The Best Method For Getting Nail Polish Stains Out Of Clothing

You hold your hand out and admire the neatly painted nails before you. You sure are proud of yourself for the great job you did! And then, you look down. While you didn't get any nail polish on your cuticles, you did get some on your shirt. Not to worry! That ballet slipper pink or red hot red stain doesn't mean you have to say goodbye to that garment or take it to the dry cleaners. There are lots of methods you can use to get a nail polish stain out of your clothing. But this one is the best. The acetone nail polish remover you use to remove your old color can remove that nail polish stain from your clothing.

This method is kind of a no-brainer. What's even better is that you have probably already taken it out of the closet and have it nearby while you're painting your nails. Most of us would panic and think that the stain is set for good. But that's not the case. Depending on what fabric the stain is on, you can use nail polish remover with acetone in it, a spoon, and a clean rag to remove the stain. You'll scrape up what you can, soak your rag in the nail polish remover, and apply it to the stain. This should save your clothing from going in the trash can.

How to remover nail polish with nail polish remover

For this stain-removing hack, you'll need acetone nail polish, a spoon, an old towel, and a clean rag or cotton ball/pad. First, you'll want to place the towel underneath the stain inside of your clothing. You should also hold your hand under the old towel as you work on your stain so it doesn't spread through to the opposite side of the garment. Use your spoon to scrap off any excess nail polish on your clothing. 

You don't necessarily need to use a spoon, just something that will gather the extra polish from the fabric. A folded piece of paper, cardboard, or credit card will work just as well. Next, soak part of your clean rag in the nail police remover. Use the rag or cotton ball to pat your stain. Work from the outside inward in a circular motion. Don't use excessive pressure or rapid motion. This can damage your fabric.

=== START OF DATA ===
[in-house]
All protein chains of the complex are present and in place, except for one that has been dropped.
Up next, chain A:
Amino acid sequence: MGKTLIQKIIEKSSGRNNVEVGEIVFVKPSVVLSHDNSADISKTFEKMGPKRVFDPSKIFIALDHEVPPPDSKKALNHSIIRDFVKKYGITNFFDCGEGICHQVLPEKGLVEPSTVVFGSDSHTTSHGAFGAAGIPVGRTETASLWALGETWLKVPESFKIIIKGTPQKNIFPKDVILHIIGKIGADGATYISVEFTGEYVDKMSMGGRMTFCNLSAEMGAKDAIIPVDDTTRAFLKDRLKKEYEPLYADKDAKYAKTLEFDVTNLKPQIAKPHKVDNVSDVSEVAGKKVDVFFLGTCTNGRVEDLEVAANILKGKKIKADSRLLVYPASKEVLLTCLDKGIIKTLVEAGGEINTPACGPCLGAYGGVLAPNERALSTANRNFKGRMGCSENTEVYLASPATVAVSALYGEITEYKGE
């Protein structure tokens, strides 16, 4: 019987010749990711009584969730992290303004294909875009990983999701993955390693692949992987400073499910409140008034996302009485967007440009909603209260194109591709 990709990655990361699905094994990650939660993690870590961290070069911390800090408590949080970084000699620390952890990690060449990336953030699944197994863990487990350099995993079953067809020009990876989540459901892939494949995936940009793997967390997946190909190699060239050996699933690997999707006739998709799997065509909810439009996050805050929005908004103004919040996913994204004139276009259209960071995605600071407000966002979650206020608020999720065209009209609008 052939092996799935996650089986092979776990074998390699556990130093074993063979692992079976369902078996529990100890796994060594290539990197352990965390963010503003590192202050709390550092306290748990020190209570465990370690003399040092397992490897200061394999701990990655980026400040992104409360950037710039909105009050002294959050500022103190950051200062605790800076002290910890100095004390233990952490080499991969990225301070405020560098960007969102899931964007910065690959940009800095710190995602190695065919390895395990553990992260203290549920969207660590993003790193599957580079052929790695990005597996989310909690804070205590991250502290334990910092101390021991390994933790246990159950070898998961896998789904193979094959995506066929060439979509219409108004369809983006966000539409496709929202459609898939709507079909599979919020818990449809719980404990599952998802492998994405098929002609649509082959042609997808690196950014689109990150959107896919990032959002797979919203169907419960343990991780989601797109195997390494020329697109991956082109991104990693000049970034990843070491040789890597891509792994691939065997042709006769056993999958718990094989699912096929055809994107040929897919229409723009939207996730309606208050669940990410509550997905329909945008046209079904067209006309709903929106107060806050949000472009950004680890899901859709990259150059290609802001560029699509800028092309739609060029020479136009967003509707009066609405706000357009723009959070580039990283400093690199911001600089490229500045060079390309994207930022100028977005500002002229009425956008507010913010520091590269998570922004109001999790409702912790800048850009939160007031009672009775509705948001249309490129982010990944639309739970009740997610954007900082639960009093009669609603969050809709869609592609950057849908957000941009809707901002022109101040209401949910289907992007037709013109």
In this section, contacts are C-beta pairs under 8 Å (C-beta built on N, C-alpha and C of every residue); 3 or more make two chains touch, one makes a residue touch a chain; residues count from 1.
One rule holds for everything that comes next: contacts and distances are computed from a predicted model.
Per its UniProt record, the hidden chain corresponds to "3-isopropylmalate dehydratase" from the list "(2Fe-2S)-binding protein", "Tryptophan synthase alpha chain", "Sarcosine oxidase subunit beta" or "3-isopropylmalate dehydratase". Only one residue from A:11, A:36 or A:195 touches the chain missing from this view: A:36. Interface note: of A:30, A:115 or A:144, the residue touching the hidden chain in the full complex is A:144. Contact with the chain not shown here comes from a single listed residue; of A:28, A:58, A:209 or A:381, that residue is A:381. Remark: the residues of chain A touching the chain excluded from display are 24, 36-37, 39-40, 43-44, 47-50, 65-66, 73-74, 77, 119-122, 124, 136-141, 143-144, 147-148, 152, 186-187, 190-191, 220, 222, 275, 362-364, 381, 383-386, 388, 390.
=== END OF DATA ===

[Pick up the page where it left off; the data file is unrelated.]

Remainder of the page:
Your stain should begin to disappear as you dab. Once your rag or cotton starts to soak up the nail polish, you'll want to stop dabbing. You have to replace it with a new rag or piece of cotton so that you don't spread the stain around and make it larger. Continue dabbing until your stain is completely gone. Let your fabric air dry fully before you toss it in the washing machine with stain-removing detergent according to the care label's instructions.

Precautions to take

You should first test your acetone nail polish remover on a tiny, inconspicuous part of the fabric to ensure it doesn't damage it. The acetone in your nail polish remover can leave an oily stain behind, bleach, discolor, or even melt some fabrics, like acetate. If the care label on your garment says that it can't be washed in a washing machine or warns about using harsh chemicals, then you shouldn't use this method. In addition to acetate, other fabrics that you don't want to use this method on are modacrylic, triacetate, silk, wool, and rayon. 

This method also works on nail polish stains. It uses the same process, but you might have to dab at it for a little while longer. After you've gotten as much of the stain out as possible by dabbing it with the nail polish remover, you can use soap and water to remove the stain further. Follow this by placing it in the washing machine. After you take the garment out of the washing machine, make sure the stain is completely gone before tossing it in the dryer so that the stain doesn't permanently set. Just repeat the process and launder it again.